Saudi victory over Argentina unites the divided Middle East in celebration
For Saudi Crown Prince Mohammed bin Salman, the defeat of Argentina by the football team is the conclusion of a triumphant moment on the world stage. The controversial royal took pride of place at the opening ceremony of the World Cup. He was spotted there wearing a maroon Qatari scarf during the host nation’s defeat to Ecuador – an act of brotherly support that would have stunned onlookers just a few years ago when Saudi Arabia led a regional boycott and blockade of Qatar. On Tuesday, the crown prince’s enthusiasm for the Qatar World Cup was met by the Qatari emir, who waved a Saudi flag at the stadium as the Saudis secured their victory.
The Crown Prince also repaired other fences. He was all smiles in Bali ahead of the Group of 20 Major Economies leadership summit, welcoming Turkish President Recep Tayyip Erdogan and Indian Prime Minister Narendra Modi. He also appeared at the UN climate conference in Egypt and the APEC countries summit in Bangkok. The latest trip marked a recovery in Thai-Saudi relations after a deep freeze caused by a 1989 cinematic jewelry heist carried out by a Thai worker in a Saudi palace, which was mysteriously followed the next year by the murder of three Saudi diplomats in Saudi Arabia. Thailand.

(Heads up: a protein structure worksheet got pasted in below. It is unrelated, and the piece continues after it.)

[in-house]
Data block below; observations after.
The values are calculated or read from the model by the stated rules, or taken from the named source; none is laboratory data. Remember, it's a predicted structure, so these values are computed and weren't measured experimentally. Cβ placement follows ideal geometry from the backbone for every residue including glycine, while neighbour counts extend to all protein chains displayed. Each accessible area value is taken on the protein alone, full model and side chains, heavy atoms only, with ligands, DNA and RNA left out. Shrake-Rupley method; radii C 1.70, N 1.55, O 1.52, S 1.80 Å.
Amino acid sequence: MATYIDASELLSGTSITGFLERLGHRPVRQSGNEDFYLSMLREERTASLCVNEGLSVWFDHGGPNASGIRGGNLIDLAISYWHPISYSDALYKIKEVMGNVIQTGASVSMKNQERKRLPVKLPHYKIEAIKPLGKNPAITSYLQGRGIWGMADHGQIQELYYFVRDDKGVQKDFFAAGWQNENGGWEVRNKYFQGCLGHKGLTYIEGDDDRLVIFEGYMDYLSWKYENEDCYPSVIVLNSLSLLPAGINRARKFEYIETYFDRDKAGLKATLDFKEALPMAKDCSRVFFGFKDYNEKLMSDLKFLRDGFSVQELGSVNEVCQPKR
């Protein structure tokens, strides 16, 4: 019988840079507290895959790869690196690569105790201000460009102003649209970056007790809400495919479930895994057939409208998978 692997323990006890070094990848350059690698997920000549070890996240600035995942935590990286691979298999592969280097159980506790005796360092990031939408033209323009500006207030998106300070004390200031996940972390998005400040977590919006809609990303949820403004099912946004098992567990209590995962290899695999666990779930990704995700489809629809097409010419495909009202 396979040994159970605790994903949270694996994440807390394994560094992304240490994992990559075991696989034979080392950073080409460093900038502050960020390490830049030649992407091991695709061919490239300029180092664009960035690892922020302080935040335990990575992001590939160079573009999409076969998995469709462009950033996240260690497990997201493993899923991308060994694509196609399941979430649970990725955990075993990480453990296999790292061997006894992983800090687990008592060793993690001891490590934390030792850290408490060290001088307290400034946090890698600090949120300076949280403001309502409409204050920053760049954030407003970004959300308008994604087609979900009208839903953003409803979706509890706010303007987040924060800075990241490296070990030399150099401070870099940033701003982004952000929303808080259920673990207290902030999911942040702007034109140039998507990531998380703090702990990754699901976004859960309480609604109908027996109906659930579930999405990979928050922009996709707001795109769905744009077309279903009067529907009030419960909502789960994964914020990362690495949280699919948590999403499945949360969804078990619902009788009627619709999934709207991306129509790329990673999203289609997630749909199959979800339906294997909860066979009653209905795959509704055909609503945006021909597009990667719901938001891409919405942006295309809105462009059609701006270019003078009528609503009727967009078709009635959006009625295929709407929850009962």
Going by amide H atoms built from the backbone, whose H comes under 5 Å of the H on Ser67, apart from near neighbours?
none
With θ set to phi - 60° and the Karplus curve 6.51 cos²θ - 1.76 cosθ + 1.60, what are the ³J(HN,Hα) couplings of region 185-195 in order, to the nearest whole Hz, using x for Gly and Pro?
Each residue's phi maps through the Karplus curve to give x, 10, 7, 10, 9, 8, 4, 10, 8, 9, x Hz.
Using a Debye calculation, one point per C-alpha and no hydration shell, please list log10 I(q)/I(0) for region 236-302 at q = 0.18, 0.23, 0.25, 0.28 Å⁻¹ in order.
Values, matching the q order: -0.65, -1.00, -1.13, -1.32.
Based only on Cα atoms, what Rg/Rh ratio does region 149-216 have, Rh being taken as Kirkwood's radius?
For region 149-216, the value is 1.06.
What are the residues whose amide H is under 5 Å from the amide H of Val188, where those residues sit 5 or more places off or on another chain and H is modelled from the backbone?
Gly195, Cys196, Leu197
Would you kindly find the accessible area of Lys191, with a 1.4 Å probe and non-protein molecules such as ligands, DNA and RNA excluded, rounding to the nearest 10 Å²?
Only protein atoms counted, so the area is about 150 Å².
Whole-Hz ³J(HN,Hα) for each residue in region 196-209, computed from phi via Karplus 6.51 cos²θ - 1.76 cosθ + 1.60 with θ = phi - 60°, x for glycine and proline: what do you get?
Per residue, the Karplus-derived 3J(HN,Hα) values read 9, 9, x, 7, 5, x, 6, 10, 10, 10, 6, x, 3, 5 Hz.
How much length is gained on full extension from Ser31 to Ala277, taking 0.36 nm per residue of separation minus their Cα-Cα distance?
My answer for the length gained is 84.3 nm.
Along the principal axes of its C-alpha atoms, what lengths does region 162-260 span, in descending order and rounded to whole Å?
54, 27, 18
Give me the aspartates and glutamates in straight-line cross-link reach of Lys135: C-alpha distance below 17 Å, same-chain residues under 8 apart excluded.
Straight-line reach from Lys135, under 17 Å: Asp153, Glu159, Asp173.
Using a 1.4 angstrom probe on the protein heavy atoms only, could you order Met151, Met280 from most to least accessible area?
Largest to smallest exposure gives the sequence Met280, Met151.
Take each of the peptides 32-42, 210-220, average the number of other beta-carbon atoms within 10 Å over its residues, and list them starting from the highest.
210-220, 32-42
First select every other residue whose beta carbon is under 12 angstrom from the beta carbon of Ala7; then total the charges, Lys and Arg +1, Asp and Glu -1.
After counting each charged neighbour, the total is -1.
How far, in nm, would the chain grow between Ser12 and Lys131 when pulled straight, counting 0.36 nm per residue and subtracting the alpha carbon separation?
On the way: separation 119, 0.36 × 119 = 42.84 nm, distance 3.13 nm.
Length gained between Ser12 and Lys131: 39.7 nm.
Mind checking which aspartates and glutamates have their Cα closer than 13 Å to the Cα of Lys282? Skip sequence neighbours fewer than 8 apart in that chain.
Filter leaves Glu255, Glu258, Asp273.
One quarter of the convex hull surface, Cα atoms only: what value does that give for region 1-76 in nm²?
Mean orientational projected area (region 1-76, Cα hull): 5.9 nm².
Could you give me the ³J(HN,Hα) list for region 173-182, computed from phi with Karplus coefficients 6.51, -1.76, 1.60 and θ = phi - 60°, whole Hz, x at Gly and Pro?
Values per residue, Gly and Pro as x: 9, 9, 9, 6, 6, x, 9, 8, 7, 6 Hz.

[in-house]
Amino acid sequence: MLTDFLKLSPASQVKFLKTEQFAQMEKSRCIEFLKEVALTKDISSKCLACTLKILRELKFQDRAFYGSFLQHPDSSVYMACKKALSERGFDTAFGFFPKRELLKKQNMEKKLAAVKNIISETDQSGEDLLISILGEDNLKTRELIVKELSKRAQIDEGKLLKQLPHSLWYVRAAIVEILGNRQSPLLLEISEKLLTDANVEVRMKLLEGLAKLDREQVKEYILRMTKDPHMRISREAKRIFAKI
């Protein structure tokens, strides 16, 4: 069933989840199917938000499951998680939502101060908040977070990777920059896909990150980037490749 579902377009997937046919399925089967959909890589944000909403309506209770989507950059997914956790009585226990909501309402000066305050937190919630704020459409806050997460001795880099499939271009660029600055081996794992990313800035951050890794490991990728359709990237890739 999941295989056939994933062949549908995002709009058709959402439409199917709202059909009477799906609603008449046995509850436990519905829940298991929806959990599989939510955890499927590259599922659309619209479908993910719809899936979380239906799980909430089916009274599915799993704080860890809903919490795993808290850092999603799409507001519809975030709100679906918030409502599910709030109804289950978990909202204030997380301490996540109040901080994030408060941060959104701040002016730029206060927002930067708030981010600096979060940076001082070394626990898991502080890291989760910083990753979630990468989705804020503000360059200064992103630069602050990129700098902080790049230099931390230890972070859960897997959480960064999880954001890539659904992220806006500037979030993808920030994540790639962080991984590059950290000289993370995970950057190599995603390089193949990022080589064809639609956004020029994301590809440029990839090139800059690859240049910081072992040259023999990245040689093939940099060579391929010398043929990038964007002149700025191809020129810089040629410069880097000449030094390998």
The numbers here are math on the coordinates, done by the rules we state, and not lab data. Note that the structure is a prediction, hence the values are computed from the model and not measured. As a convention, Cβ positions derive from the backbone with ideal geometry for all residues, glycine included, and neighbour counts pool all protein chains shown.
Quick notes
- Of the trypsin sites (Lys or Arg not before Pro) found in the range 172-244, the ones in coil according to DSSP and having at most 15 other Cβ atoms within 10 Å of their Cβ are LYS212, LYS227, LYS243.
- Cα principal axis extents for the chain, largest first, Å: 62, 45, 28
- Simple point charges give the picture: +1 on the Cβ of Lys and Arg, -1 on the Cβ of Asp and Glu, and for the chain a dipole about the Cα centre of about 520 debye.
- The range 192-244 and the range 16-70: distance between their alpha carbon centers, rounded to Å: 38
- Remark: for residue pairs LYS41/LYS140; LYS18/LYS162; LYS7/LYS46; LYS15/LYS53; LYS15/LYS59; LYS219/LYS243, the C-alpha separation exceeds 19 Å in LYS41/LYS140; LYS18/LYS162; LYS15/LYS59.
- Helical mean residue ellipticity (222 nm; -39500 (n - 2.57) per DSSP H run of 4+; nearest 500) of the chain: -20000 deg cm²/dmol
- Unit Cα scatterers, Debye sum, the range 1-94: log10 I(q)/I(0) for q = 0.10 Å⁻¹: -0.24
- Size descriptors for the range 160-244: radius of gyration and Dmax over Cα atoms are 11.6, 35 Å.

The crown prince has already endured global outcry for his alleged mastermind behind the 2018 kidnapping and gruesome execution of Saudi journalist and Washington Post contributor Jamal Khashoggi. In the summer he visited French President Emmanuel Macron and a number of other European leaders. He also received President Biden on his home soil with a punch, an encounter that preposterized Biden’s campaign trail’s proclamation that Riyadh would turn into a “pariah” under his watch. And last week, the Biden administration told a judge to grant sovereign immunity to the crown prince in a civil case over his role in Khashoggi’s murder.